Forces of Nature

The 2020 Renwick Invitational offers an inspired vision of nature

October 9, 2020
An installation inside an art gallery

Lauren Fensterstock's the totality of time lusters the dusk installed at the Renwick Gallery. Photo by Ron Blunt.

Every two years SAAM presents an exhibition of mid-career makers at its Renwick Gallery. The 2020 iteration, Forces of Nature: Renwick Invitational 2020, comes at just the right time. With most of us at home during the pandemic, we’re often looking to nature as a source of solace and renewal. The four artists in the juried Invitational—Lauren Fensterstock, Timothy Horn, Debora Moore, and Rowland Ricketts—present unique visions of the natural world that balance environmental challenges with nature as a source of endless beauty and possibility.

Lauren Fensterstock’s the totality of time lusters the dusk—commissioned by SAAM for the Invitational—brings us face to face with a comet as the artist explores our relationship to celestial events and our desire to imbue them with meaning and metaphor. Trained as a jeweler and metalsmith, Fensterstock works with obsidian, crystal, mosaic and cut paper.

Back down to earth, Timothy Horn celebrates materiality and storytelling by creating large-scale adornments inspired by decorative arts, science, and history, while Debora Moore’s Arboria series of glass-blown trees creates a multi-seasonal landscape that seamlessly blends strength and fragility. Rowland Ricketts, represented by his installation Ai No Keshiki—Indigo Views, practices a kind of “farm to gallery” sensibility as he grows the indigo on his farm that is used in his works. The 450 pieces of indigo dyed cloth that comprise the piece were originally installed in people’s homes in Japan and became a tangible record of the passage of time.

As guest curator, Emily Zilber, told me, “We were interested in thinking about how people engage with nature and that allows them to interpret a world that is often chaotic, often troubling, but allows people to find a sense of attainable beauty in the midst of chaos that allows people to make sense of the world around them.”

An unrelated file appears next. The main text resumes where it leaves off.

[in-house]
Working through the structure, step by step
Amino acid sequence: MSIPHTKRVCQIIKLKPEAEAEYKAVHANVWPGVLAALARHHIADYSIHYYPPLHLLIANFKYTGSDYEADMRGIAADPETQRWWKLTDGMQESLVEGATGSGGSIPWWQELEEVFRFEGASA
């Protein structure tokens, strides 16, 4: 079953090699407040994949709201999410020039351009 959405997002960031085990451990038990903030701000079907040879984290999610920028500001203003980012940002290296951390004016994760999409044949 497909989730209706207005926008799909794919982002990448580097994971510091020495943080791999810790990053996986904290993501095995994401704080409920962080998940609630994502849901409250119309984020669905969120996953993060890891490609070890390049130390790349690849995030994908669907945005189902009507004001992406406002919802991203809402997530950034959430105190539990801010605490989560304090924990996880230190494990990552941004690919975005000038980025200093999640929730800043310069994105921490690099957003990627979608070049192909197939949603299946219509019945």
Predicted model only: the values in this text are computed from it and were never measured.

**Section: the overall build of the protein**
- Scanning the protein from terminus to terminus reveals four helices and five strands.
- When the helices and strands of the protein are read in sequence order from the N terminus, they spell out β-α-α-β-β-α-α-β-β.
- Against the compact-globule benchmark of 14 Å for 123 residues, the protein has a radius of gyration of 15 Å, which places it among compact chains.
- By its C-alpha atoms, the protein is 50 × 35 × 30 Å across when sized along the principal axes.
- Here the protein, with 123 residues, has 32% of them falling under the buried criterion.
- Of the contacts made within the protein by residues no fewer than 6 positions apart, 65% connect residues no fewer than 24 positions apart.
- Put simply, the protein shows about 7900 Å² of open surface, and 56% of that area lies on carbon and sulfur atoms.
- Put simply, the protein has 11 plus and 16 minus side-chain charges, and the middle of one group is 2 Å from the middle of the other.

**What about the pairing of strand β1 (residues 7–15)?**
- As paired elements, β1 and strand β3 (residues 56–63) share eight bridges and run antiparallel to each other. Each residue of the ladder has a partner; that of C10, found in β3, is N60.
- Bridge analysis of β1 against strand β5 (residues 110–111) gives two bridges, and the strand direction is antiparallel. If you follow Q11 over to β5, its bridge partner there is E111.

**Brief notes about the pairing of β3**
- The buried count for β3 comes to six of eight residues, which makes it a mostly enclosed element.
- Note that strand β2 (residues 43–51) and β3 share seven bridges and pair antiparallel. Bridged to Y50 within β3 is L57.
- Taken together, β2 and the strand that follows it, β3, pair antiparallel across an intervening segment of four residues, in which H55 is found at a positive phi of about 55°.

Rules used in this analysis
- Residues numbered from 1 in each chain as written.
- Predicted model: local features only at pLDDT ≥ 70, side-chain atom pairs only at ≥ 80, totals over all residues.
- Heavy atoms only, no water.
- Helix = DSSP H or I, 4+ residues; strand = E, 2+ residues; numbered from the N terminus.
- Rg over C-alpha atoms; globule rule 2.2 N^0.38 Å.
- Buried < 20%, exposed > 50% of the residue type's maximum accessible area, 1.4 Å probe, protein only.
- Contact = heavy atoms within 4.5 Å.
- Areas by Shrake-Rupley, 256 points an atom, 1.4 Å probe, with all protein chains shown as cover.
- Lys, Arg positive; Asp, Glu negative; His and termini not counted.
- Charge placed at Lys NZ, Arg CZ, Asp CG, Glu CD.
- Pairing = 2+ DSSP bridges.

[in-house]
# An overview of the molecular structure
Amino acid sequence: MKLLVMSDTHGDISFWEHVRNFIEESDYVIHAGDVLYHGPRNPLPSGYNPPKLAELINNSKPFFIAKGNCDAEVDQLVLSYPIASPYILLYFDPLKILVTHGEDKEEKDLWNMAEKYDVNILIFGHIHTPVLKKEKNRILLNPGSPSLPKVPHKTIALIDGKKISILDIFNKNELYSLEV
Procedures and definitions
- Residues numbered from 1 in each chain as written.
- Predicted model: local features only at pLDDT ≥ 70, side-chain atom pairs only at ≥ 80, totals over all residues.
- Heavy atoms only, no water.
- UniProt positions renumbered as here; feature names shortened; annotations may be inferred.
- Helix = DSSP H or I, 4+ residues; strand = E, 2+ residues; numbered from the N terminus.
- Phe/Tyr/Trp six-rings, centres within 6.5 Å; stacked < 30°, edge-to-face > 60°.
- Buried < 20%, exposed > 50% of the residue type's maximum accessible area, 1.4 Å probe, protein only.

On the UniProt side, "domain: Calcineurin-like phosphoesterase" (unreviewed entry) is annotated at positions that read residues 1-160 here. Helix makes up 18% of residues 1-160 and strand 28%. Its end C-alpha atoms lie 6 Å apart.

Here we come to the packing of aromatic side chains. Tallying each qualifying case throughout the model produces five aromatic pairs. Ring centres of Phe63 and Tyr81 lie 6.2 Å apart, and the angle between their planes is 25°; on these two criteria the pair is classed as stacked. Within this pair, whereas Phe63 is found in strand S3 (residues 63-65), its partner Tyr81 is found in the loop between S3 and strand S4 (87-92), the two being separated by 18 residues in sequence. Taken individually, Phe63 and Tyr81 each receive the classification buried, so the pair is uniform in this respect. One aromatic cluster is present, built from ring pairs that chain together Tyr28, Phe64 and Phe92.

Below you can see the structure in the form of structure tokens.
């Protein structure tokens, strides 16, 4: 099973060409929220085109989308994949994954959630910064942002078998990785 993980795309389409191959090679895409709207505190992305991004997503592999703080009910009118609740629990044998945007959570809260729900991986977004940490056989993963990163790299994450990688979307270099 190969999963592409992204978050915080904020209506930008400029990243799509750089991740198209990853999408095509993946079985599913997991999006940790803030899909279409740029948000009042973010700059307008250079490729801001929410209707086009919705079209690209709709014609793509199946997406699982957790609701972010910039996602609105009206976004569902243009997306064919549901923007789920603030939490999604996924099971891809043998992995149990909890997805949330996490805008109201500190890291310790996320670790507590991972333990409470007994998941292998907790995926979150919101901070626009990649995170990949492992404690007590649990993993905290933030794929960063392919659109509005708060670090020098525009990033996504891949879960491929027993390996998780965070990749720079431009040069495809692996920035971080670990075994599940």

An installation with small indigo cloths hanging from the ceiling.

Rowland Rickett's installation Ai No Keshiki — Indigo Views at the Renwick Gallery. Photo by Ron Blunt.

The exhibition was planned in 2019, way before the quarantine, when evidence of climate change was increasingly wreaking havoc on the world, from ice caps melting to forests burning to more frequent and powerful hurricanes. And yet in all the bad news about the world, can there be some good?

The four artists featured in the Invitational this year each present a vision and a reason for saying yes. Whether you’re able to visit in person or virtually online, each artist presents a case for slow, careful looking, contemplation, and an engrossing use of organic materials, whether it’s textile, metal, glass, or even rock sugar. The exhibition has helped me to remember the beauty in everyday life and the power of nature as a source of resilience in difficult times.

Enjoy a virtual Q&A with the artists and curators to learn more about this awe-inspiring exhibition, and be the first to explore online the new “natural” environments these artists have created Tuesday, October 13, at 7 p.m. ET. Registration is required via Eventbrite.


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